Obama’s decision not only prevents thousands of barrels a day of the heavy crude from Canada’s tar sands from traveling over U.S. soil but also cements the USA’s leadership role in climate change globally, said Anthony Swift, director of the Canada Project at the National Resources Defense Council, which has strongly opposed the pipeline.
“It’s a clear signal to the international community that the United States is serious about addressing climate change,” Swift said.
U.S. Rep. Rob Bishop, Republican chairman of the House Committee on Natural Resources, blasted the president’s decision, saying the project could have strengthened America’s energy infrastructure.
“President Obama has put the final nail in the Keystone XL pipeline’s coffin, thereby nailing his legacy as the most anti-energy extremist President the nation has ever had,” Bishop said in a statement. “This is one of the most radical and dangerous moves that the President could make in his final term.”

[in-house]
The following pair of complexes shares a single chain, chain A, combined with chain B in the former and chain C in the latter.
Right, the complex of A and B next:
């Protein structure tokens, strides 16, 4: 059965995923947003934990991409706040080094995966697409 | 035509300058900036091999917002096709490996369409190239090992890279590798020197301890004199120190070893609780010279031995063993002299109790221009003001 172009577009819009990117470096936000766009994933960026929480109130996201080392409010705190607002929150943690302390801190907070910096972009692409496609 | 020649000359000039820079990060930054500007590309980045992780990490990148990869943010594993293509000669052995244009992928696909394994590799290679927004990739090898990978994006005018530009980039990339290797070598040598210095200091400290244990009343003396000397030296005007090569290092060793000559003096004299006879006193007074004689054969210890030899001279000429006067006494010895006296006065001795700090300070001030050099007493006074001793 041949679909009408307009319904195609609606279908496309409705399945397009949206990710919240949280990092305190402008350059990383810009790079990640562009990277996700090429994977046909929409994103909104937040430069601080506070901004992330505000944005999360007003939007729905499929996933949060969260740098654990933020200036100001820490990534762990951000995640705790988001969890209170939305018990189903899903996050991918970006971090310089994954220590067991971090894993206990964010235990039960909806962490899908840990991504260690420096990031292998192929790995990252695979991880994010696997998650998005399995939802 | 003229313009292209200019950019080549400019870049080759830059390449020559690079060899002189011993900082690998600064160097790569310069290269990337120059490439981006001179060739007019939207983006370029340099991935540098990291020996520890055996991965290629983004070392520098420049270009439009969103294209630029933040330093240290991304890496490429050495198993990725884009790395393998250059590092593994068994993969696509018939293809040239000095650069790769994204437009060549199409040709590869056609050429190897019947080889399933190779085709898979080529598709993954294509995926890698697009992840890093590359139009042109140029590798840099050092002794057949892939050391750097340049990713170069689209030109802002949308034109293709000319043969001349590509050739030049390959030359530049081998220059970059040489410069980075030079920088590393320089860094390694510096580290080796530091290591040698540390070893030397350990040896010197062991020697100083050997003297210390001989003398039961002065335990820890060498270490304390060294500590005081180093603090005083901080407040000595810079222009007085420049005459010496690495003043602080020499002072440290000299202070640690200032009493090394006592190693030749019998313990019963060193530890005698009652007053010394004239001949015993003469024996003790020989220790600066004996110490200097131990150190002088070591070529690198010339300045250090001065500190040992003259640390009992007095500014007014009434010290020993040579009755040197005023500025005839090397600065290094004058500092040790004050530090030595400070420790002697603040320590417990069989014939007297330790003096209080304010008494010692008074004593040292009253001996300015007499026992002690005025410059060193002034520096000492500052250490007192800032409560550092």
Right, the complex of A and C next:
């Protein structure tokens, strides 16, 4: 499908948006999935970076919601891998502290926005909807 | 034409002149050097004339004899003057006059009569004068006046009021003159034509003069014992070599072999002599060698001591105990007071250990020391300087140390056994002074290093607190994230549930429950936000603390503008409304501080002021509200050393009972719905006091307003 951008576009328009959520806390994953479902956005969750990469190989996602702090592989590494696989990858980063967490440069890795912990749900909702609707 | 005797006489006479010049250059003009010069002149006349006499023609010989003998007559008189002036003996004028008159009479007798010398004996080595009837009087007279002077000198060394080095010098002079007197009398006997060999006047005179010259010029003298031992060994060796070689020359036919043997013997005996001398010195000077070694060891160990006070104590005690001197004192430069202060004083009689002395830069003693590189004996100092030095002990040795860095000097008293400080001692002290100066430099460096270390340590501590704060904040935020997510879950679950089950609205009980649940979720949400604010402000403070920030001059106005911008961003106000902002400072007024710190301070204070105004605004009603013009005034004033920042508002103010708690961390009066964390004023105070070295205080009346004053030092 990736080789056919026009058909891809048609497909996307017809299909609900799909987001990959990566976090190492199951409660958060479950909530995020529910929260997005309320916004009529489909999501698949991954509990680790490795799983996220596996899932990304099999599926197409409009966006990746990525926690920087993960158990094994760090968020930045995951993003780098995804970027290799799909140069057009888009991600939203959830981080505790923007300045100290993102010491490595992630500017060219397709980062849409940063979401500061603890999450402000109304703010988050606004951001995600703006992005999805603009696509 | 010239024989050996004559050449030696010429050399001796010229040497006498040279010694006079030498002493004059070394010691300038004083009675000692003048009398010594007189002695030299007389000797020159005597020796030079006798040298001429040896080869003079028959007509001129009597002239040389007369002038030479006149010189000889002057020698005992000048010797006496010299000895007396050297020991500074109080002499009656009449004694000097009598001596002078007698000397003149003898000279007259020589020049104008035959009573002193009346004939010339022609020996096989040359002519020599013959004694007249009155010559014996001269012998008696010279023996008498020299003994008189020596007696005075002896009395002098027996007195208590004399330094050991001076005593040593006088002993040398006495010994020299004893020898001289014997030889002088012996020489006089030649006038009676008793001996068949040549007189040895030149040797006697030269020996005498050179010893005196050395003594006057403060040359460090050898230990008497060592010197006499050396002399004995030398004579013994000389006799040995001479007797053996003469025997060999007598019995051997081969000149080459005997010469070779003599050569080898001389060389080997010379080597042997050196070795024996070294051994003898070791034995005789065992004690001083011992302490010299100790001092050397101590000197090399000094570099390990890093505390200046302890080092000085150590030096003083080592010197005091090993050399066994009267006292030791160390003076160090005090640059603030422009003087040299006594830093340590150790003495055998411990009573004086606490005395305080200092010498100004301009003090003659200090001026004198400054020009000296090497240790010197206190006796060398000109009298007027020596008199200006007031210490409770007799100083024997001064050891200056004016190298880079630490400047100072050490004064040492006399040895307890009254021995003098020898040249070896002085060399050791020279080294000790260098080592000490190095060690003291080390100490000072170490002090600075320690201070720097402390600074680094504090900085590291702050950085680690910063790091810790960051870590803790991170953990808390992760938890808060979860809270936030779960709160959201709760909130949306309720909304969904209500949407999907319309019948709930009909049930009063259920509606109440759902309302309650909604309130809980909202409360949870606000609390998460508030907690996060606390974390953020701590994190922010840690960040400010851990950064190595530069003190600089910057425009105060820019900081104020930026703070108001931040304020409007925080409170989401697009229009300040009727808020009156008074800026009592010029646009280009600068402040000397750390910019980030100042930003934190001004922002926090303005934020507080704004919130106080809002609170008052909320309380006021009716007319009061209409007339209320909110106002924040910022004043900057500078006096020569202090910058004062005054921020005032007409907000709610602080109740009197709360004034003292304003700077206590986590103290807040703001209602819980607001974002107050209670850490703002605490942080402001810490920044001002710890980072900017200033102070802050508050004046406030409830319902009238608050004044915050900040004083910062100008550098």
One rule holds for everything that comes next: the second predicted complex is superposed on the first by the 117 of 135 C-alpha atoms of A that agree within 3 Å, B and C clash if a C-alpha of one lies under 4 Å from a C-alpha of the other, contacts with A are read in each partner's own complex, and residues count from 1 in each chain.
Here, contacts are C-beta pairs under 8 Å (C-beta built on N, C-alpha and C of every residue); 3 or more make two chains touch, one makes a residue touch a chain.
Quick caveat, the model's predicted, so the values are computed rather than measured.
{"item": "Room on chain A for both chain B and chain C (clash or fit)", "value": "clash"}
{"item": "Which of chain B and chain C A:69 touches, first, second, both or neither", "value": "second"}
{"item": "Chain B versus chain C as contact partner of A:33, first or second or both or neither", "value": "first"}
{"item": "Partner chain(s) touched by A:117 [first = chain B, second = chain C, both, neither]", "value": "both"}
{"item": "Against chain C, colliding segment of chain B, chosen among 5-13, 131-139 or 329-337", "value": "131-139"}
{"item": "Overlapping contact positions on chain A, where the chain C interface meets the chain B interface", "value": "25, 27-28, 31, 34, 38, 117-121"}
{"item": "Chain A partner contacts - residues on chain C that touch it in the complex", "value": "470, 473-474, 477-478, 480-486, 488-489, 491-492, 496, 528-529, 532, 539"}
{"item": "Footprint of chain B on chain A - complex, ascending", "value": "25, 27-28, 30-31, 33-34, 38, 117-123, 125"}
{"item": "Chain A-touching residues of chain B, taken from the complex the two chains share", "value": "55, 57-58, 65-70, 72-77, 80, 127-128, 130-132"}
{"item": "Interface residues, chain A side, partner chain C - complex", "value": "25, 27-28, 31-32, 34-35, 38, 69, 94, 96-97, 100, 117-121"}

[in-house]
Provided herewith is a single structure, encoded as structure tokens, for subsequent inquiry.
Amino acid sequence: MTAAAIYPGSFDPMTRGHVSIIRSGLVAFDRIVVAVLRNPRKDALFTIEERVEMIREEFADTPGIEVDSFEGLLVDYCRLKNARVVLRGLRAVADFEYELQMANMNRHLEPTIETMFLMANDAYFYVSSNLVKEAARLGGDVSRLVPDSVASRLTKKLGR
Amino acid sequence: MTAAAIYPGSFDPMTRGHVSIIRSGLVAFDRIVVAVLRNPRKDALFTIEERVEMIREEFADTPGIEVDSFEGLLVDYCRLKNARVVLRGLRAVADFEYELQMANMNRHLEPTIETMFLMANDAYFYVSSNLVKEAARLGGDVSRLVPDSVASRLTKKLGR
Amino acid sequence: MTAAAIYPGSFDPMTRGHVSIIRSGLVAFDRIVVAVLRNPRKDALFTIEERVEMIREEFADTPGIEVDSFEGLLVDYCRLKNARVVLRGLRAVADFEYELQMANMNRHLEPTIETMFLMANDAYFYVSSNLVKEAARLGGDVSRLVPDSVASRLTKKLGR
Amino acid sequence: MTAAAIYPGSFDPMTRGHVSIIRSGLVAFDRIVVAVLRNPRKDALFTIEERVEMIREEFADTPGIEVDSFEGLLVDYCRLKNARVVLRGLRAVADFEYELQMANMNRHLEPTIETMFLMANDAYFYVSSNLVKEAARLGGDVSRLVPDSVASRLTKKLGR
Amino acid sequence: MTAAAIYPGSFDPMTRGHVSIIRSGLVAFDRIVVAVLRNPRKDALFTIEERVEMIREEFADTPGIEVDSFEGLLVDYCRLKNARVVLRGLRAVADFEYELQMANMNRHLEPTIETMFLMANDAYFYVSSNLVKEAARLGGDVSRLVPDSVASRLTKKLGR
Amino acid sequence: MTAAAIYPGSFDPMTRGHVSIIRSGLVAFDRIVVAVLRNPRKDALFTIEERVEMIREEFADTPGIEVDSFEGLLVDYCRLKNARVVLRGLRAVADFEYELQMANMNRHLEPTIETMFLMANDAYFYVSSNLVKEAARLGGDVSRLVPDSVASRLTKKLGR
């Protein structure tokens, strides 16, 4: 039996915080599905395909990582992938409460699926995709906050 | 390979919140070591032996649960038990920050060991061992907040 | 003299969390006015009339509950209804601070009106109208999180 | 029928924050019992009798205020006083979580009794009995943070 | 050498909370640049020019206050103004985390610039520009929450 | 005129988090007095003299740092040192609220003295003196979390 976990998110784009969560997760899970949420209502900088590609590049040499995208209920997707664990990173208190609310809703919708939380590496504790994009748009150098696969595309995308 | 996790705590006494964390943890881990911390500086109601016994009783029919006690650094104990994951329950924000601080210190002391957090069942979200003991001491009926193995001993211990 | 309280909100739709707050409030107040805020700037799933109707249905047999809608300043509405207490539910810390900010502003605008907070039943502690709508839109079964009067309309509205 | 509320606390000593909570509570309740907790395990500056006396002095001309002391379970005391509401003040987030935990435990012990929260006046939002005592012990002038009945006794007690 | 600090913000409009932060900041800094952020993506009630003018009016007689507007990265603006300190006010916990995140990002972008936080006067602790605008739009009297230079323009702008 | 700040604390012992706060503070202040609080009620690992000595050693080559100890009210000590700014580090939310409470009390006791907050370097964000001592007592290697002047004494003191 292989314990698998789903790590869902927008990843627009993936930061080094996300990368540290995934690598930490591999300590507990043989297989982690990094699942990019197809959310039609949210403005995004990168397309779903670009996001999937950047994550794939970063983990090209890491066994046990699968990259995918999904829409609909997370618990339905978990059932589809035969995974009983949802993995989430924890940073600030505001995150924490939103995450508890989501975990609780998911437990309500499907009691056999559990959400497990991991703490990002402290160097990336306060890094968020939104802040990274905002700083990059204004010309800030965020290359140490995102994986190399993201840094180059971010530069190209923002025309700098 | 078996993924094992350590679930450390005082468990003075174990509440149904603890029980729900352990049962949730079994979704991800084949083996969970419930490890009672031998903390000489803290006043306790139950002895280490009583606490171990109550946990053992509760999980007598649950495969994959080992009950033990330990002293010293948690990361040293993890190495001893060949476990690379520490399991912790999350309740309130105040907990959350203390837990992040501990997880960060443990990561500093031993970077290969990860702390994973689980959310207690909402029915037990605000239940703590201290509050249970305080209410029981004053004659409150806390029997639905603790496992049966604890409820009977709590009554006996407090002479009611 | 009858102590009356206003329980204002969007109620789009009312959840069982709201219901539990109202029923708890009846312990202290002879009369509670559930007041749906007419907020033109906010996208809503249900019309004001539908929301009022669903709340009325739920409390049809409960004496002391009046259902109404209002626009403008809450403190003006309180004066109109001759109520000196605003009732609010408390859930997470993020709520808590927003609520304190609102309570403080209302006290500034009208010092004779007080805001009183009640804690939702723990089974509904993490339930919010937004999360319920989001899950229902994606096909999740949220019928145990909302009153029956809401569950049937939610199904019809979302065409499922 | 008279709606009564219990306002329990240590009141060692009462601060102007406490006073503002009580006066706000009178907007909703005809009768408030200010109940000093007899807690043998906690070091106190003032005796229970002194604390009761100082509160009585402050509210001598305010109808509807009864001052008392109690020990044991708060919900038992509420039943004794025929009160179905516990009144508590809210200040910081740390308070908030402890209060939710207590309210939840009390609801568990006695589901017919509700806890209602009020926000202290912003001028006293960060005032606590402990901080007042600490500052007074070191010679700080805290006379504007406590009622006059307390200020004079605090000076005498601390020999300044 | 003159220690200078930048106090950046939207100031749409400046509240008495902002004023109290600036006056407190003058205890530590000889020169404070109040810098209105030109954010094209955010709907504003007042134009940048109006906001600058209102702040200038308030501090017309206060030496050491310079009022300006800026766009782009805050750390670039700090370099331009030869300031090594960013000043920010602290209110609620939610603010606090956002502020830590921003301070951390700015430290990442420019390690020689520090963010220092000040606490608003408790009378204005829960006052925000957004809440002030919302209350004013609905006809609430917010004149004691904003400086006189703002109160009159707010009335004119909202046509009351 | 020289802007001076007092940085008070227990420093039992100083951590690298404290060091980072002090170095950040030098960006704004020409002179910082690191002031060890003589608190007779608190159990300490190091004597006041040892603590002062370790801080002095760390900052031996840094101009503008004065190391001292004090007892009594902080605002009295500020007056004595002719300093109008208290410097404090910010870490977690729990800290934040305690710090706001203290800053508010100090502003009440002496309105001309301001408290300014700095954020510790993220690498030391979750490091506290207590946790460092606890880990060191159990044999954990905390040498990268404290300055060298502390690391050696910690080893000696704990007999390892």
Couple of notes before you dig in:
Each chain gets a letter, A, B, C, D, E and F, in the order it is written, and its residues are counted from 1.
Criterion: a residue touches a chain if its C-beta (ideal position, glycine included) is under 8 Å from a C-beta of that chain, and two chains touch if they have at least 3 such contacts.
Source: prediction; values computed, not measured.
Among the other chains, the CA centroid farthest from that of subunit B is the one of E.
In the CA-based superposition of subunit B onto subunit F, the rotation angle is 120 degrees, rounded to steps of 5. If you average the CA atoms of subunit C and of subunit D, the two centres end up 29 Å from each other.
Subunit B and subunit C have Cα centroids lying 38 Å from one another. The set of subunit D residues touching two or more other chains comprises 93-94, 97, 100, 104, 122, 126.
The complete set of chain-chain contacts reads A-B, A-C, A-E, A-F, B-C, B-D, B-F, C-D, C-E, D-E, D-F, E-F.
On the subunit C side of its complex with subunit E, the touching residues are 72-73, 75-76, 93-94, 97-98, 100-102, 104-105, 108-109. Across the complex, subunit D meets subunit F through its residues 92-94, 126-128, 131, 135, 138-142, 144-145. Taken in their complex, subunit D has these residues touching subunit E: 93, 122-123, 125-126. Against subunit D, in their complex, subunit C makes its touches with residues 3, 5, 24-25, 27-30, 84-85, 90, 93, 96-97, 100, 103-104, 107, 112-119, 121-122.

Russ Girling, president and chief executive of TransCanada, the Canadian firm that would build the pipeline, expressed his disappointment in a lengthy statement, saying the pipeline was safer than transporting the crude through trains and trucks across the USA and would lead to 9,000 immediate American jobs.
“Today’s decision deals a damaging blow to jobs, the economy and the environment on both sides of the border,” the statement said.